I just wrote something like this in an email to friends who told me the latest (I’m off twitter), which is apparently that Ed Champion made a suicidal gesture and is in Bellevue (not confirmed.)
I have a hard time even talking about how terrible the week that he published that rant was for me. A lot of people have tried to tell me that the net effect was positive for my book, but it put me in a position of talking about that rant instead of talking about the book. I hate that. I hate that that happened. I’ll never get that week or month or set of opportunities back; he poisoned them all. The worst part is that as cartoonishly evil and misogynistic and mentally ill as he is, there are still people who are like “well, it was a book review.” “Critics are allowed to call someone a bad writer.” Or worse, that it was a “subtweet war” or a “literary feud.” It was none of those things. It was an attack on women, meant to make us feel threatened and fundamentally unsafe in the online and physical spaces we inhabit. It is so bonkers that we even have to point that out or defend that point of view still, now, in 2014.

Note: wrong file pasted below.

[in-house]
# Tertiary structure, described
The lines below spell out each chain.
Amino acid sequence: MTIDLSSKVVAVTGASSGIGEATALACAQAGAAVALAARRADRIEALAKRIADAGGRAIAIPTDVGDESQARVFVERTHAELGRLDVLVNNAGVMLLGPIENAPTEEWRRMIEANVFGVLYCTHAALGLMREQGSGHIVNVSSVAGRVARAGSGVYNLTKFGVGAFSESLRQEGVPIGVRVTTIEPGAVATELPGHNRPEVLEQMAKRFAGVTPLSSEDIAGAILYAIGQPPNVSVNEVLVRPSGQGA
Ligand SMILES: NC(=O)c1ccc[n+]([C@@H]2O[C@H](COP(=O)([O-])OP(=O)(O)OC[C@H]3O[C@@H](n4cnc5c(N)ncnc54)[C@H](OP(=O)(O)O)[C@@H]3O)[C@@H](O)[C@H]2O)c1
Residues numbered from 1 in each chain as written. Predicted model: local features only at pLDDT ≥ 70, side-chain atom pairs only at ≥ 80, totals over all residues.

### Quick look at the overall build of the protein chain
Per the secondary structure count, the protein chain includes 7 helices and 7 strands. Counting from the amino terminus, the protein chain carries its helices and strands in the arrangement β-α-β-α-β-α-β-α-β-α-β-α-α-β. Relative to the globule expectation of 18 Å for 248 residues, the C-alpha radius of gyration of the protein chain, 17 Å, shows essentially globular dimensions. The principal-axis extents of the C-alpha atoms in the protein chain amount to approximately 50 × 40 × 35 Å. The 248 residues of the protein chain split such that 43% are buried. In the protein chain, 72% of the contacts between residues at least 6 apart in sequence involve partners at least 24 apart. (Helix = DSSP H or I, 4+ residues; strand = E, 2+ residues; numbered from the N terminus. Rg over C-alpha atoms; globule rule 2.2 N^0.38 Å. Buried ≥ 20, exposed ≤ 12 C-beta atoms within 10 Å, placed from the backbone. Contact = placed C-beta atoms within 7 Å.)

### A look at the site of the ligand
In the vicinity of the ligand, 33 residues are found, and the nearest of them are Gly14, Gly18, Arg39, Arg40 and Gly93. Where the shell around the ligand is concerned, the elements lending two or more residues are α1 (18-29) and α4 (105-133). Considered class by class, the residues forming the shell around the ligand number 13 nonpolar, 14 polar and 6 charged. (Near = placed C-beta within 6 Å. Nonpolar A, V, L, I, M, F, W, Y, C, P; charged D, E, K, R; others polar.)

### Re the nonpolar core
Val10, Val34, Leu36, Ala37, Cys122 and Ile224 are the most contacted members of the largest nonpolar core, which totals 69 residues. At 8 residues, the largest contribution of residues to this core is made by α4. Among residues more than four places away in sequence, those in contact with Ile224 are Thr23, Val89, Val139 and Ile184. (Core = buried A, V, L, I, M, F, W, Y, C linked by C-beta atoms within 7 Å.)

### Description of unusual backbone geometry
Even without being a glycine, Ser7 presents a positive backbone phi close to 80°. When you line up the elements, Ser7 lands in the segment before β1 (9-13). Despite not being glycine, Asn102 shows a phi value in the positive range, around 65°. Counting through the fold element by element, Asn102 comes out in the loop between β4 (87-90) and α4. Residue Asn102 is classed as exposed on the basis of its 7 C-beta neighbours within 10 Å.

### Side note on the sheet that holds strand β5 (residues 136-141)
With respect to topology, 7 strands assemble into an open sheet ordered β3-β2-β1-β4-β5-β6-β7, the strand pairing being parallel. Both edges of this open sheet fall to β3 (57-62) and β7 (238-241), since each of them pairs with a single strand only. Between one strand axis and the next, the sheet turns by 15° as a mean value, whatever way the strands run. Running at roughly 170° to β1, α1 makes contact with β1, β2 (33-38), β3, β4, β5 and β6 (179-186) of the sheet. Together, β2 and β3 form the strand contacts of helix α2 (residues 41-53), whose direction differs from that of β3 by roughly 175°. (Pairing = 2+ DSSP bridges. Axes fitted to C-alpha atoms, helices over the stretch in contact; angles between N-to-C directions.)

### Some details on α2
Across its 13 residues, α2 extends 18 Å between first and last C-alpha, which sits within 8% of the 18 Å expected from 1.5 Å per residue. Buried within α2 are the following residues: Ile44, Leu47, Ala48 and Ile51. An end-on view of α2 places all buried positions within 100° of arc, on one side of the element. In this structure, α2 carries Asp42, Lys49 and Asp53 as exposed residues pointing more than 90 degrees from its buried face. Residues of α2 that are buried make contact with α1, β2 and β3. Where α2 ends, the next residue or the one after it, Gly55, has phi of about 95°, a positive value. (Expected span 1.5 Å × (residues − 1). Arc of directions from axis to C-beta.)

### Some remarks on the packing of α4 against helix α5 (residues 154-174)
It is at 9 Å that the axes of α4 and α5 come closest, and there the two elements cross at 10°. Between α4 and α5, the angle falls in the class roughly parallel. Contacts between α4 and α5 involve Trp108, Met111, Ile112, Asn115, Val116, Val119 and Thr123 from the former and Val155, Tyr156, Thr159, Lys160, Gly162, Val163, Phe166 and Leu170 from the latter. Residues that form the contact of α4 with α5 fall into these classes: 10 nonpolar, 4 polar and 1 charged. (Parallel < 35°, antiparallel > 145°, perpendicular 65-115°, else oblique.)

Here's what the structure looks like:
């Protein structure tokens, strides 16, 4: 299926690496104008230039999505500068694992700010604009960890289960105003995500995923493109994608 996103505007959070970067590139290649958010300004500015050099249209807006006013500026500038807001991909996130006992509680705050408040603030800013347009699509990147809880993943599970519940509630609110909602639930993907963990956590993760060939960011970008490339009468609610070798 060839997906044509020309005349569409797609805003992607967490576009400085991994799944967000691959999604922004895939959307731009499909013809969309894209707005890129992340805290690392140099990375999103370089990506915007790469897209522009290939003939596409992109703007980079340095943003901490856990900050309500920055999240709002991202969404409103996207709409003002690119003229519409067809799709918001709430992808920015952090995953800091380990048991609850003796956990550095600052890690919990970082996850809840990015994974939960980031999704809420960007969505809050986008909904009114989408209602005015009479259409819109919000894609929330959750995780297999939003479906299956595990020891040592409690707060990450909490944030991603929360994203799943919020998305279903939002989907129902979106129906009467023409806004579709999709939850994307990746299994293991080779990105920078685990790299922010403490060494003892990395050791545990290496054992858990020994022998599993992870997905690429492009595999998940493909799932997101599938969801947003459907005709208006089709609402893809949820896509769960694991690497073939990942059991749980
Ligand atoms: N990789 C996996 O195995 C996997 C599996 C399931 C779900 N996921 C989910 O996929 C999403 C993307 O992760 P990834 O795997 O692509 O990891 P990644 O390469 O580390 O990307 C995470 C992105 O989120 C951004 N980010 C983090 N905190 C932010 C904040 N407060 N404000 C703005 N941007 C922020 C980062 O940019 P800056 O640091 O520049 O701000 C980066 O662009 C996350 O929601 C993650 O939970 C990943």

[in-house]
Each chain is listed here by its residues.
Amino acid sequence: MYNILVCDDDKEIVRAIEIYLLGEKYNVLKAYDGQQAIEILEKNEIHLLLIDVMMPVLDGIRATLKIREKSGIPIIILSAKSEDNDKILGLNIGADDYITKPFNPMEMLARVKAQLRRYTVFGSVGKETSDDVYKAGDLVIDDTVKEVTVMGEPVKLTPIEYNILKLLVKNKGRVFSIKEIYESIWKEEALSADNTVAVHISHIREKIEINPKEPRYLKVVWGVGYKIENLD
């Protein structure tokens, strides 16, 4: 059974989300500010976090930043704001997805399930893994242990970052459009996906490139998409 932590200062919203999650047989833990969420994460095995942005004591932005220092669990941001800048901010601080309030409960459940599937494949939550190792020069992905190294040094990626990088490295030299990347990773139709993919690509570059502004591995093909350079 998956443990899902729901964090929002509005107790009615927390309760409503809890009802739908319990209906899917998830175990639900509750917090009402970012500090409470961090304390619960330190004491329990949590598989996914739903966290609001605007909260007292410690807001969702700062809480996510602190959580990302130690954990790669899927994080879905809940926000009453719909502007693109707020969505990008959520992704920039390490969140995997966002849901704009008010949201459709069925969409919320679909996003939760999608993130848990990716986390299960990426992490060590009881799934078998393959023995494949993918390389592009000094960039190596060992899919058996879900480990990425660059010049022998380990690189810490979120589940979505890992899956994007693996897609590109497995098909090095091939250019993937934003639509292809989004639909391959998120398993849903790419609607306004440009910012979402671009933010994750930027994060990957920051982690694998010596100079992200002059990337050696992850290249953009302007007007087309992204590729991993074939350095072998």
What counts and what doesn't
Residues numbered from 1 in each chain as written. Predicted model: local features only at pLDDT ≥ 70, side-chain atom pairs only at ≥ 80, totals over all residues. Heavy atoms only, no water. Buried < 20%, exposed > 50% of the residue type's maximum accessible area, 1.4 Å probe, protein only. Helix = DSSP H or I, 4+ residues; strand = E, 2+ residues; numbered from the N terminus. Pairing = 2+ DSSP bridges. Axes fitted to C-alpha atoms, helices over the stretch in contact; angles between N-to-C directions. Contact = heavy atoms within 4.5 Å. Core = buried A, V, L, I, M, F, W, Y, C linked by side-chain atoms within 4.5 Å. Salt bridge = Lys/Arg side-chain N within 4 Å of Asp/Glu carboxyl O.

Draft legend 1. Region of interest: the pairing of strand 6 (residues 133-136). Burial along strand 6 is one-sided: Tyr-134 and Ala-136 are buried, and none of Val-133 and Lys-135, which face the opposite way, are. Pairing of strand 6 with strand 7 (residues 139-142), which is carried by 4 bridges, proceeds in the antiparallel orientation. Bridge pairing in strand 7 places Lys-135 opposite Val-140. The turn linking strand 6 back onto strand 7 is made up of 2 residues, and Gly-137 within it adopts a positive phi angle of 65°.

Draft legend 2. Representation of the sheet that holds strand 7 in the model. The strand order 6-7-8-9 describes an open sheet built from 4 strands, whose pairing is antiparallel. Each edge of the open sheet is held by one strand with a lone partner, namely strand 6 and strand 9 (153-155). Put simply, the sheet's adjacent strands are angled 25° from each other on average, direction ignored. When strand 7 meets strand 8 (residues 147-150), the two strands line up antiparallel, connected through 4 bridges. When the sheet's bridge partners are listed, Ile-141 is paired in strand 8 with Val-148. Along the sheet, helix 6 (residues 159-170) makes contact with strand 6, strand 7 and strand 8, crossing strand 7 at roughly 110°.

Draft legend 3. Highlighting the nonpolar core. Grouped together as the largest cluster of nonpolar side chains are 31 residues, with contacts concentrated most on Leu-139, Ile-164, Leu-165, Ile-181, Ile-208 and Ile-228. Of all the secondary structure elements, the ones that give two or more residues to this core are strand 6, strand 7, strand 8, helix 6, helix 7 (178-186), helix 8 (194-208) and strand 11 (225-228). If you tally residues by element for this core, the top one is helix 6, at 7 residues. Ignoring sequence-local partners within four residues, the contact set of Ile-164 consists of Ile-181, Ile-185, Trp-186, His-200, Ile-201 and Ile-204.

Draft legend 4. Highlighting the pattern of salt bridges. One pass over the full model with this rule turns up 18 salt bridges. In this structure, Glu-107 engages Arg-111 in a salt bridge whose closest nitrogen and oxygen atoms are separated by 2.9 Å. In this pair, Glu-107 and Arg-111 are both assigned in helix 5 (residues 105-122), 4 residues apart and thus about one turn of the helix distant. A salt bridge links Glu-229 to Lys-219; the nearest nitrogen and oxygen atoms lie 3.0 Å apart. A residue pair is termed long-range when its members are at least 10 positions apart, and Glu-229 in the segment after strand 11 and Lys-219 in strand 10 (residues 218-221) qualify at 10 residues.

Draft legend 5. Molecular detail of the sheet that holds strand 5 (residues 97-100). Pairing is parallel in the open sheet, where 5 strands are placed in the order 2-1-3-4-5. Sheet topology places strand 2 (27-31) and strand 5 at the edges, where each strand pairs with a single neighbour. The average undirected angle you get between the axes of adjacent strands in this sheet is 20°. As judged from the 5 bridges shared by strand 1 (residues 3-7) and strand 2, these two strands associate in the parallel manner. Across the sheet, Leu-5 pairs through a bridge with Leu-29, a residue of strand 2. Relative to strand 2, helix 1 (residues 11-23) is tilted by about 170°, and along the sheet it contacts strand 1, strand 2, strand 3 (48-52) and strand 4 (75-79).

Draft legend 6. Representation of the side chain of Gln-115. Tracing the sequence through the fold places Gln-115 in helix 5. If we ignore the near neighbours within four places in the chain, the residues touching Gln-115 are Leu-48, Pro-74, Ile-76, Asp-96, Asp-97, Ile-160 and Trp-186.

I felt fear doing events around publication. Not stage fright, fear for my physical safety. Instead of planning celebrations I was arranging with bookstores and my publisher for adequate security at events. I felt worried that the location of my apartment had been revealed in so many profiles. It’s not like I experienced physical trauma or was tortured but I felt under attack. This wasn’t something that “happened on the internet” or something that could have been avoided by “just unplugging.” Talking to readers, doing events, and promoting books online is my job.
I still haven’t sorted out what kind of damage was done.
Ted Cruz has already referred to Barack Obama’s use of executive orders as “lawless.” Considering it’s a safe bet we’ll be hearing a lot more of this rhetoric in the months to come, I decided to dig into the historical data on presidential executive orders. The American Presidency Project…